Etymology
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synonymous (adj.)
c. 1600, of words, "denoting the same idea," from Medieval Latin synonymus, from Greek synonymos, from synonymon (see synonym). Related: Synonymously.
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synonymy (n.)
1650s, "use of synonyms;" 1794, "quality of being synonymous," from French synonymie and directly from Late Latin synonymia, from Greek synonymos (see synonymous).
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synopsis (n.)
1610s, "a general view, an outline," from Late Latin synopsis "a synopsis," from Greek synopsis "a general view," literally "a seeing altogether, a seeing all at once," from syn- "together" (see syn-) + opsis "sight, appearance," from PIE root *okw- "to see."
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synoptic (adj.)
1763, "pertaining to synopsis," from Modern Latin synopticus, from Late Latin synopsis (see synopsis). Greek synoptikos meant "taking a general or comprehensive view," and the sense "affording a general view" in English emerged by mid-19c. Specifically of the first three Gospels from 1841, on notion of "giving an account of events from the same point of view." Related Synoptical (1660s).
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synovial (adj.)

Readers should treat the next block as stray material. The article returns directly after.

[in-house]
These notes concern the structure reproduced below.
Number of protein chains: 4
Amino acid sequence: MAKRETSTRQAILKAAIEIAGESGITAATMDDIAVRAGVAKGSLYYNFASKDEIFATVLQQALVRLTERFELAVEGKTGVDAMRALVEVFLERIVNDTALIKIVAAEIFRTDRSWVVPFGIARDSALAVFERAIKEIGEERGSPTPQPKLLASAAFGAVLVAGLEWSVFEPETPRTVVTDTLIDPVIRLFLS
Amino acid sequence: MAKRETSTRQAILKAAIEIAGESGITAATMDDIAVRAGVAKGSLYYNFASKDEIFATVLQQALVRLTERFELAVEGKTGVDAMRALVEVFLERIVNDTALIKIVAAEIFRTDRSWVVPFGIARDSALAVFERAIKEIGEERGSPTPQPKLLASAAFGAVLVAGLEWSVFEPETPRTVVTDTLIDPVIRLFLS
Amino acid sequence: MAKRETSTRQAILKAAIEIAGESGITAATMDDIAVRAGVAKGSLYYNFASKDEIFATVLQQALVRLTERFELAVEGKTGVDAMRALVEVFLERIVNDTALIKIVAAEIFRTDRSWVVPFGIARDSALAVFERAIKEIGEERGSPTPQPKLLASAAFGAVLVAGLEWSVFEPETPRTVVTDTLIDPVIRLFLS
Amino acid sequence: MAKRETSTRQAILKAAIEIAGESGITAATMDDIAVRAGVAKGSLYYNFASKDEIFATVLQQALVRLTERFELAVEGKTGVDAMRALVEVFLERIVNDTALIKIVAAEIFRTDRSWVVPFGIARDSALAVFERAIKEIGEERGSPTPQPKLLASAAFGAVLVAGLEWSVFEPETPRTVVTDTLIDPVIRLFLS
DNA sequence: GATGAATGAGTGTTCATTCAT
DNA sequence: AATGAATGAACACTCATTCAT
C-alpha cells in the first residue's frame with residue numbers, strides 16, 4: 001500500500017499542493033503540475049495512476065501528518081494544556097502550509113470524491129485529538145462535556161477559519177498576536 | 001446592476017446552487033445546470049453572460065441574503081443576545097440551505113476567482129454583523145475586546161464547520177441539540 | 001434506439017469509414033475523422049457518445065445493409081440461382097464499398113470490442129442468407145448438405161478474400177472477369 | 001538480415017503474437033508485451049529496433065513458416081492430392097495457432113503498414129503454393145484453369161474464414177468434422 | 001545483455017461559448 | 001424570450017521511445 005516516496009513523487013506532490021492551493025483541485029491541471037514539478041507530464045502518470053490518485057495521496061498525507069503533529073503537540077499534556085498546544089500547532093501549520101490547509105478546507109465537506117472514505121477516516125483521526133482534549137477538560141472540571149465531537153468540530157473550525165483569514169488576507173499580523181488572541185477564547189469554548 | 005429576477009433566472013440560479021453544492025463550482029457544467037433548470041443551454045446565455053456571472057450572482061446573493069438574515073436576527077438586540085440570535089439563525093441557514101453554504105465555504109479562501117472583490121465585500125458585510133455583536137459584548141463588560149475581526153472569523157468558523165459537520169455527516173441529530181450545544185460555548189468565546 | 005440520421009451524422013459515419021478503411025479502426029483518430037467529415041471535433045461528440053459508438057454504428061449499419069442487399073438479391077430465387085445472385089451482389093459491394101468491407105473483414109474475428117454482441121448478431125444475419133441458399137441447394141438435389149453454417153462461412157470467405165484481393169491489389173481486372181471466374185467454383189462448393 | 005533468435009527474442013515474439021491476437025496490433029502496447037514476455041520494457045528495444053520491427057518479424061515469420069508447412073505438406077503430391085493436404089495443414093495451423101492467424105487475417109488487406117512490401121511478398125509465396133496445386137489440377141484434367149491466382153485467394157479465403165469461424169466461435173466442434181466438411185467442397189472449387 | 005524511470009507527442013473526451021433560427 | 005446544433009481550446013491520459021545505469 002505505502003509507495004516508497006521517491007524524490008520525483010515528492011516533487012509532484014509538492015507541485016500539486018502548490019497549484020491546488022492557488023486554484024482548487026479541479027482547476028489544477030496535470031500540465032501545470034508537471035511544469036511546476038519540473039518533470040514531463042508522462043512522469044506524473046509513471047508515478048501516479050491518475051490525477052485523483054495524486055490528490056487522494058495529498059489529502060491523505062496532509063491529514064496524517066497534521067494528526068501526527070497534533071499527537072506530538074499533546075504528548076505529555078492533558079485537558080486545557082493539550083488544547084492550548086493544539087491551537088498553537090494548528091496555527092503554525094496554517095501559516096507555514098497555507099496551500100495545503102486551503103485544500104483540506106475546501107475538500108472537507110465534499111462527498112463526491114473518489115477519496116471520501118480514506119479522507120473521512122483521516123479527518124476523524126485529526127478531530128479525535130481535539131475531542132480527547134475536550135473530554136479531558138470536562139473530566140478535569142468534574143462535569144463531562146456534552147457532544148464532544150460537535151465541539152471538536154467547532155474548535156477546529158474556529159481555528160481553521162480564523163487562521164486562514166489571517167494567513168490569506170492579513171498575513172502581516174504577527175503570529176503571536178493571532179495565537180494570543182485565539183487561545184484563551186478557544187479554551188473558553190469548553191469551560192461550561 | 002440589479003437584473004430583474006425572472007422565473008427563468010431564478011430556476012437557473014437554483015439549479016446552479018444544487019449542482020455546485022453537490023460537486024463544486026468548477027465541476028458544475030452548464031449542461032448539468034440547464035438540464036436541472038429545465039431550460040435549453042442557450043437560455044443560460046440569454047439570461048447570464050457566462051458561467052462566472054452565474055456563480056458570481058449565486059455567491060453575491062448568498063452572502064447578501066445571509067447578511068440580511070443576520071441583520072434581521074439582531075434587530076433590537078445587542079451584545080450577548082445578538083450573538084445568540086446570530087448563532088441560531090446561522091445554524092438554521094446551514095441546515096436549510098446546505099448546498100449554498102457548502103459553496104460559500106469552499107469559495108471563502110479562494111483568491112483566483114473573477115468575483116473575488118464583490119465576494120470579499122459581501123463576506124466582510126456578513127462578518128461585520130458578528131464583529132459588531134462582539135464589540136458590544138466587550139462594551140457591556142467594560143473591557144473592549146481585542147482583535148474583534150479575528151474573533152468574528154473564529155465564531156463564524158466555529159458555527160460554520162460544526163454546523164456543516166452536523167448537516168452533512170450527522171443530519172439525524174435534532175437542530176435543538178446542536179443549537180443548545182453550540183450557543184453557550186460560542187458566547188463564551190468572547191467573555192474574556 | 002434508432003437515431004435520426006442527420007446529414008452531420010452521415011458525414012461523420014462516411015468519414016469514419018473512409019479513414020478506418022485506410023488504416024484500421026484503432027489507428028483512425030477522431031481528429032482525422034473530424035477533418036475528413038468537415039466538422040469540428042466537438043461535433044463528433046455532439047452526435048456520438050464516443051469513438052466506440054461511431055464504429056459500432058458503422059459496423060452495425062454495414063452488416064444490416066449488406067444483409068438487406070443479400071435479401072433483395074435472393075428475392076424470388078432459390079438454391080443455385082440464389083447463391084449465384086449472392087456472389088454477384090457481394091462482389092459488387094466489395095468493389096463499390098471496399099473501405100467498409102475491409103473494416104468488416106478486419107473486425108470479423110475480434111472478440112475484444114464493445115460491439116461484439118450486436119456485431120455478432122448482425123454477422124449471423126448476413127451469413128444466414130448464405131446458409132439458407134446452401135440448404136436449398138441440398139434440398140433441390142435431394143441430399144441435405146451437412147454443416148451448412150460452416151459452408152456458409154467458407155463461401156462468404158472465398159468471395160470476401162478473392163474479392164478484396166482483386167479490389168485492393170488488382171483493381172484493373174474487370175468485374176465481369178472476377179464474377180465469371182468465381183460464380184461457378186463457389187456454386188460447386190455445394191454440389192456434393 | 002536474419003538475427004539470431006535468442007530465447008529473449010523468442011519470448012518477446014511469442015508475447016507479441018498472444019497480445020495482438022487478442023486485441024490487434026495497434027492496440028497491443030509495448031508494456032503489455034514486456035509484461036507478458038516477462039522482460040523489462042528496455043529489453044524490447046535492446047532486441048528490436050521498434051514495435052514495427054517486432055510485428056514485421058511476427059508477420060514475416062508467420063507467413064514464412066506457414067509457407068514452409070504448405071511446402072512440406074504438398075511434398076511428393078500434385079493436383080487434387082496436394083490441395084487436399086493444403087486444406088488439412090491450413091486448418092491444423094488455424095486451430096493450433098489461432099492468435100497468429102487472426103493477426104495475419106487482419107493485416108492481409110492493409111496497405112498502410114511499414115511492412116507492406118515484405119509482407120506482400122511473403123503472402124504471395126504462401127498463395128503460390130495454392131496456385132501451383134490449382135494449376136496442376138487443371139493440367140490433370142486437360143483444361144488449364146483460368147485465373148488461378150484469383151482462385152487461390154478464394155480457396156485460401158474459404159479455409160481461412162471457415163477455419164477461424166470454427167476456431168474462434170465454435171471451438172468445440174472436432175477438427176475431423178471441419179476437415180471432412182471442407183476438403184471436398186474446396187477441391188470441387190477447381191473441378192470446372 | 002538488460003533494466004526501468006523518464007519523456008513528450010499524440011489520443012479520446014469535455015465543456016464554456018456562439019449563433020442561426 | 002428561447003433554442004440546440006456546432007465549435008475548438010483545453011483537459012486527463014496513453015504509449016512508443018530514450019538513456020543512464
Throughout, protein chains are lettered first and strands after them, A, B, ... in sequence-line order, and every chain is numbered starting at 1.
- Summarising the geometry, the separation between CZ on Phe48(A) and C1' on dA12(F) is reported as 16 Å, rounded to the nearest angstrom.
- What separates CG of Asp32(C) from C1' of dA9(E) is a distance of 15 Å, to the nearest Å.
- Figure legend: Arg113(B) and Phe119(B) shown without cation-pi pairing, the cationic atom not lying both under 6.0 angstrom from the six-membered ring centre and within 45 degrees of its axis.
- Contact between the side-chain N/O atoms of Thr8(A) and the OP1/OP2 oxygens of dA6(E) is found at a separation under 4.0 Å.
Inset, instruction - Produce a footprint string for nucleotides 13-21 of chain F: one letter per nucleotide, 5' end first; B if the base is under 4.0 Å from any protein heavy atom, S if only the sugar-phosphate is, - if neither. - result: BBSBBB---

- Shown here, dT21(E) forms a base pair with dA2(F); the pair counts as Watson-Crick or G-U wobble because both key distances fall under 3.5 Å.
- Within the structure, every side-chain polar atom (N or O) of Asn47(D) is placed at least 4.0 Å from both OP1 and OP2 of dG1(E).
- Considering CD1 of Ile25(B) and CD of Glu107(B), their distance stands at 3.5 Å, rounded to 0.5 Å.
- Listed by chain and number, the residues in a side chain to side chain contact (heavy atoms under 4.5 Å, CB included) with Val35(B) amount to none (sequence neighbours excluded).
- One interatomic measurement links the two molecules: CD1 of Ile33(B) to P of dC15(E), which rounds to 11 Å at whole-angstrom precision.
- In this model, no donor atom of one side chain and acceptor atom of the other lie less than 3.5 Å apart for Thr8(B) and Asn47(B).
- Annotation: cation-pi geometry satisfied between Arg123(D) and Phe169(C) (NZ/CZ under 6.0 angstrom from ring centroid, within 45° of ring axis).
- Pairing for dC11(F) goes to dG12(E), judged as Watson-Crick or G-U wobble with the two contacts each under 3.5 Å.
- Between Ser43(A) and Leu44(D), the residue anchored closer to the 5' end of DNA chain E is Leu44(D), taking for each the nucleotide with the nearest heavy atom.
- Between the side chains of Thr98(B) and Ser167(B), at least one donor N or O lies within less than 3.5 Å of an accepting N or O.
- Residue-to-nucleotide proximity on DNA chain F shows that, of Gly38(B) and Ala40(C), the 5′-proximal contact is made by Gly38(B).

1756, "pertaining to the synovia," albuminous fluid secreted by certain glands, from Modern Latin sinovia (16c.), probably coined by Paracelsus and apparently an invented word. With -al (1).
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syntactic (adj.)
1771, from Modern Latin syntacticus, from Greek syntaktikos "a joining together, a joining in order," from syntassein "put in order" (see syntax).
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syntactical (adj.)
1570s; from Latin stem of syntax + -ical. Related: Syntactically.
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syntagmatic (adj.)
1937, from French syntagmatique (de Saussure), from Greek syntagma "that which is put together in order," from syntassein (see syntax).
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syntax (n.)
c. 1600, from French syntaxe (16c.) and directly from Late Latin syntaxis, from Greek syntaxis "a putting together or in order, arrangement, a grammatical construction," from stem of syntassein "put in order," from syn- "together" (see syn-) + tassein "arrange" (see tactics).
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synthesis (n.)
1610s, "deductive reasoning," from Latin synthesis "collection, set, suit of clothes, composition (of a medication)," from Greek synthesis "composition, a putting together," from syntithenai "put together, combine," from syn- "together" (see syn-) + tithenai "to put, to place," from reduplicated form of PIE root *dhe- "to set, put." From 1733 as "a combination of parts into a whole." Earlier borrowed in Middle English as sintecis (mid-15c.). Plural syntheses.
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